In the Cloud or on the Golf Course, Hazards Can Be Devastating

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Encryption

Winning Tactic #9: Do encryption right.

Do not store encryption keys in the software where you store your data. IT teams need to keep physical ownership of encryption keys, as well as vet the strength of the encryption techniques being used. And don't forget data in use. Data in use is, effectively, the data that has been loaded into a process and is in the memory of the program that is running. In general, this data is in the clear while being processed and is typically not protected by techniques such as the in-cloud-based encryption provided by the cloud service provider. Make sure you own the entire encryption process of your sensitive and regulated data.

The 2015 U.S. Open capped off with a thrilling finish against a backdrop of breathtaking views of the Pacific Northwest. Chambers Bay Golf Course in Washington State played host. Anyone familiar with this course knows that "there aren't traditional golf hazards, like water and trees, but there is trouble everywhere at Chambers Bay," as one sports blogger wrote.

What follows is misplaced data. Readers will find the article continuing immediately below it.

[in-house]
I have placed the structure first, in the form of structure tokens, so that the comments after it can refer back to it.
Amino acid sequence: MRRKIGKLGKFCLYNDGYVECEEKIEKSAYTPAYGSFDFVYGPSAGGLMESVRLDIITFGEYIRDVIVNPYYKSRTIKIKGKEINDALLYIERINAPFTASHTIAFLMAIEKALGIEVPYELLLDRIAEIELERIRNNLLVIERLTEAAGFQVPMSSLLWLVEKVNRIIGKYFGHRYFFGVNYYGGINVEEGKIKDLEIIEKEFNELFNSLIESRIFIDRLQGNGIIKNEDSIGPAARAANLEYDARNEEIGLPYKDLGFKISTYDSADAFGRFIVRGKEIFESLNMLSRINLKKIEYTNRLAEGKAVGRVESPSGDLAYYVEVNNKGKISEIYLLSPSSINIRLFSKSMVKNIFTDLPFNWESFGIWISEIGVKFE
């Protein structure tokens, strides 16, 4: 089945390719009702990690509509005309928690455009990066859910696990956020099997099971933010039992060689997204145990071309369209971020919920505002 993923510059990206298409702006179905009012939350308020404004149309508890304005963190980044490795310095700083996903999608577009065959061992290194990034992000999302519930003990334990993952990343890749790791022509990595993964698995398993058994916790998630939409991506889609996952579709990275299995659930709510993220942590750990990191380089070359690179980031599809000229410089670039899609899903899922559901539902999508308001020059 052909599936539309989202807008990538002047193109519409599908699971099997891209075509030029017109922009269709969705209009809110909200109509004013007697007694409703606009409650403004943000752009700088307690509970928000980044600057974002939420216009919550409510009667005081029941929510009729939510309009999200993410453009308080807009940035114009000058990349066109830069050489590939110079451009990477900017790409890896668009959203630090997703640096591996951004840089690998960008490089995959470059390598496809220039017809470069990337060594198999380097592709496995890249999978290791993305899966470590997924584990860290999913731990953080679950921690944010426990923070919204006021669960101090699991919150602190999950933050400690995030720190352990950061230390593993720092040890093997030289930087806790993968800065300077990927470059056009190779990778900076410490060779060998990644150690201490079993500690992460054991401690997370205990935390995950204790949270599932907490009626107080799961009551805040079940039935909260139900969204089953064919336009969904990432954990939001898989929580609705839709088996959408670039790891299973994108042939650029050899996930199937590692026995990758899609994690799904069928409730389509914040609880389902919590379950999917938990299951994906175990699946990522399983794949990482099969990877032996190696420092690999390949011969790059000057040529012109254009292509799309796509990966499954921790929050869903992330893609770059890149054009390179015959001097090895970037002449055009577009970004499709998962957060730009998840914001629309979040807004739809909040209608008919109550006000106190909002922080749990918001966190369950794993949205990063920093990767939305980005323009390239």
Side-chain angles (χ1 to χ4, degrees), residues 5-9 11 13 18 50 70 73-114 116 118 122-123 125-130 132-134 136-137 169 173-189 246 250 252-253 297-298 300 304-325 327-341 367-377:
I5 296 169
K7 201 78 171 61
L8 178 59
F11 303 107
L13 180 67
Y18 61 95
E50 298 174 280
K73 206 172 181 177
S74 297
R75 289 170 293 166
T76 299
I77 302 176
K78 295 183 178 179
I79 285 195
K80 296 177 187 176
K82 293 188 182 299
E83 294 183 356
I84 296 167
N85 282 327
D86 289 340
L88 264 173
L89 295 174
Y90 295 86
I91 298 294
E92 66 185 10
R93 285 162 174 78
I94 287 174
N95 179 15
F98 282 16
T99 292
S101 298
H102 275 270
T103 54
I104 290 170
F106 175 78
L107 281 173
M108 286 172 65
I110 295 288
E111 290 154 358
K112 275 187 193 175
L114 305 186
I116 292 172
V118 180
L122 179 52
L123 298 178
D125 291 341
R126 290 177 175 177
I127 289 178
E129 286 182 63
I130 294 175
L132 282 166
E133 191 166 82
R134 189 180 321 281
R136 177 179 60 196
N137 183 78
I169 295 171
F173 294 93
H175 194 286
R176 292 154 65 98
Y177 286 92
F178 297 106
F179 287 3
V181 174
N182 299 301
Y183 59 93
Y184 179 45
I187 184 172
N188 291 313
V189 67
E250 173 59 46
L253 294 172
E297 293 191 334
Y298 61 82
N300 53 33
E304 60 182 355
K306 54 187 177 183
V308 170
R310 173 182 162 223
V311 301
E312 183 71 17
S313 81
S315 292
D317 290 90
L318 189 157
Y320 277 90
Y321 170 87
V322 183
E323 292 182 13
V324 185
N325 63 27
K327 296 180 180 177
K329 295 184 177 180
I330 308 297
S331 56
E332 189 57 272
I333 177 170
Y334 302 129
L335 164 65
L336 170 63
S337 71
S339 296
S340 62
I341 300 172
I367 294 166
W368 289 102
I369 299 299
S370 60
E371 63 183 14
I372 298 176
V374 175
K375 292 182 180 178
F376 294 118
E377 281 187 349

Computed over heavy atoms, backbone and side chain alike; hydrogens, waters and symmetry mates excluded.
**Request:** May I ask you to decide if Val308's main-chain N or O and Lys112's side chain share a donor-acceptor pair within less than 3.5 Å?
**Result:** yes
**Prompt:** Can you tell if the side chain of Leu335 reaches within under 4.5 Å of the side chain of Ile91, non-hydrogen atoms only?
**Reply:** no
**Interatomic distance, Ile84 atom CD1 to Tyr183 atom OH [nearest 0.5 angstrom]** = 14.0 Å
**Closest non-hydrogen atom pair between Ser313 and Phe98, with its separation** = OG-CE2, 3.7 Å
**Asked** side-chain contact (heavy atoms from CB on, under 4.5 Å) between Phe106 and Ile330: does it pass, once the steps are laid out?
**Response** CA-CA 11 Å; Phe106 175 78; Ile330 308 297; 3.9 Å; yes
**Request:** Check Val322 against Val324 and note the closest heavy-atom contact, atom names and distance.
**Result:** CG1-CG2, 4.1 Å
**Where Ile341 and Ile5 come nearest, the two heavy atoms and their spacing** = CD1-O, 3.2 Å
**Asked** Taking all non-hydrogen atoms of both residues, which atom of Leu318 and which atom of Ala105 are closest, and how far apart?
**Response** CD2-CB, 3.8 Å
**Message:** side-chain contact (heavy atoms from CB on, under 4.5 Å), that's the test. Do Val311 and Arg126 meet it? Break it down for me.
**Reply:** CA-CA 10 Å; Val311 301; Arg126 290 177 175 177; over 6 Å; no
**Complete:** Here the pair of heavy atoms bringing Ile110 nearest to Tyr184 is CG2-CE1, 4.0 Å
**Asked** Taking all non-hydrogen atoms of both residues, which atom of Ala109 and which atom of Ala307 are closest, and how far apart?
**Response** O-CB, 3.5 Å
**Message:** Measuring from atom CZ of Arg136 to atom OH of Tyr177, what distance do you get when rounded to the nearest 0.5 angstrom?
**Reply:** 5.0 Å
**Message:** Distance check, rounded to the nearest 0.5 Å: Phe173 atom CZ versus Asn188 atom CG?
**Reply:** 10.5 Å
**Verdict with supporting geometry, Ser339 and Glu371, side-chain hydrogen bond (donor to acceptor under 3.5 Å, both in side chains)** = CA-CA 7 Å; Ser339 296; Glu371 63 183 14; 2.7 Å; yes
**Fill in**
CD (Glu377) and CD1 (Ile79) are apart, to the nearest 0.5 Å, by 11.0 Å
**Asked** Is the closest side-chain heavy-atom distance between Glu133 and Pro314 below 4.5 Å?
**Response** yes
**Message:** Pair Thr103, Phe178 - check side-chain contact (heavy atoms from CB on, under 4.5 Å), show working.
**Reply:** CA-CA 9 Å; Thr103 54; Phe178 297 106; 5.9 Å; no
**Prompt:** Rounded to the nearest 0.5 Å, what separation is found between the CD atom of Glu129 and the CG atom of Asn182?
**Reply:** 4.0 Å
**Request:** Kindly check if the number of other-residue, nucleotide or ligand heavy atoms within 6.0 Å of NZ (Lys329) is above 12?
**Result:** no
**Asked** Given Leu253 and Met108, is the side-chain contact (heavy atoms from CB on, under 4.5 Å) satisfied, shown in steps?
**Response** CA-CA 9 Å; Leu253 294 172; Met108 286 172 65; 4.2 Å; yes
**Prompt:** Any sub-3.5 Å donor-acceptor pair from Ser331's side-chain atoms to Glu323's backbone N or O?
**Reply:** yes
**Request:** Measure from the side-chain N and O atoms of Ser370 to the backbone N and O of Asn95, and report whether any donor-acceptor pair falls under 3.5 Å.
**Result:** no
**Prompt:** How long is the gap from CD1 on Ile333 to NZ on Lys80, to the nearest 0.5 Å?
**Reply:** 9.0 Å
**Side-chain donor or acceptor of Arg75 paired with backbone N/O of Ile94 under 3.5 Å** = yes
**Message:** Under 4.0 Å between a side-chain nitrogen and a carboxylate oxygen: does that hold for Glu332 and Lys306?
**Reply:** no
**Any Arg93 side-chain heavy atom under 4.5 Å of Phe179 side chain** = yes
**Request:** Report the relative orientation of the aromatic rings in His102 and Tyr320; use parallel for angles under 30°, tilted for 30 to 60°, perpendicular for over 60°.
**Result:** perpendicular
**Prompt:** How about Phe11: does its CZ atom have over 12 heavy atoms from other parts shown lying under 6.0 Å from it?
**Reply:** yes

It's a similar scenario for IT and security pros responsible for management of their organization's cloud usage. Cloud apps are ubiquitous and the associated IT challenges are many. More than half of respondents to this Ponemon study say their organization currently transfers sensitive or confidential data to the cloud. Still, more than half of IT professionals admit to not having a complete picture of where their sensitive data lives.

In the spirit of the U.S. Open golf tournament and the 18 tricky holes at Chambers Bay, Perspecsys will caddy for a full round with tips and tricks to avoid the hazards – the privacy, compliance and security hazards of cloud computing – and guide you confidently through the course to realize the full benefits enterprise cloud adoption can offer.

 

Related Topics : IBM Looks to Redefine Industry Standard Servers, APC, Brocade, Citrix Systems, Data Center

 
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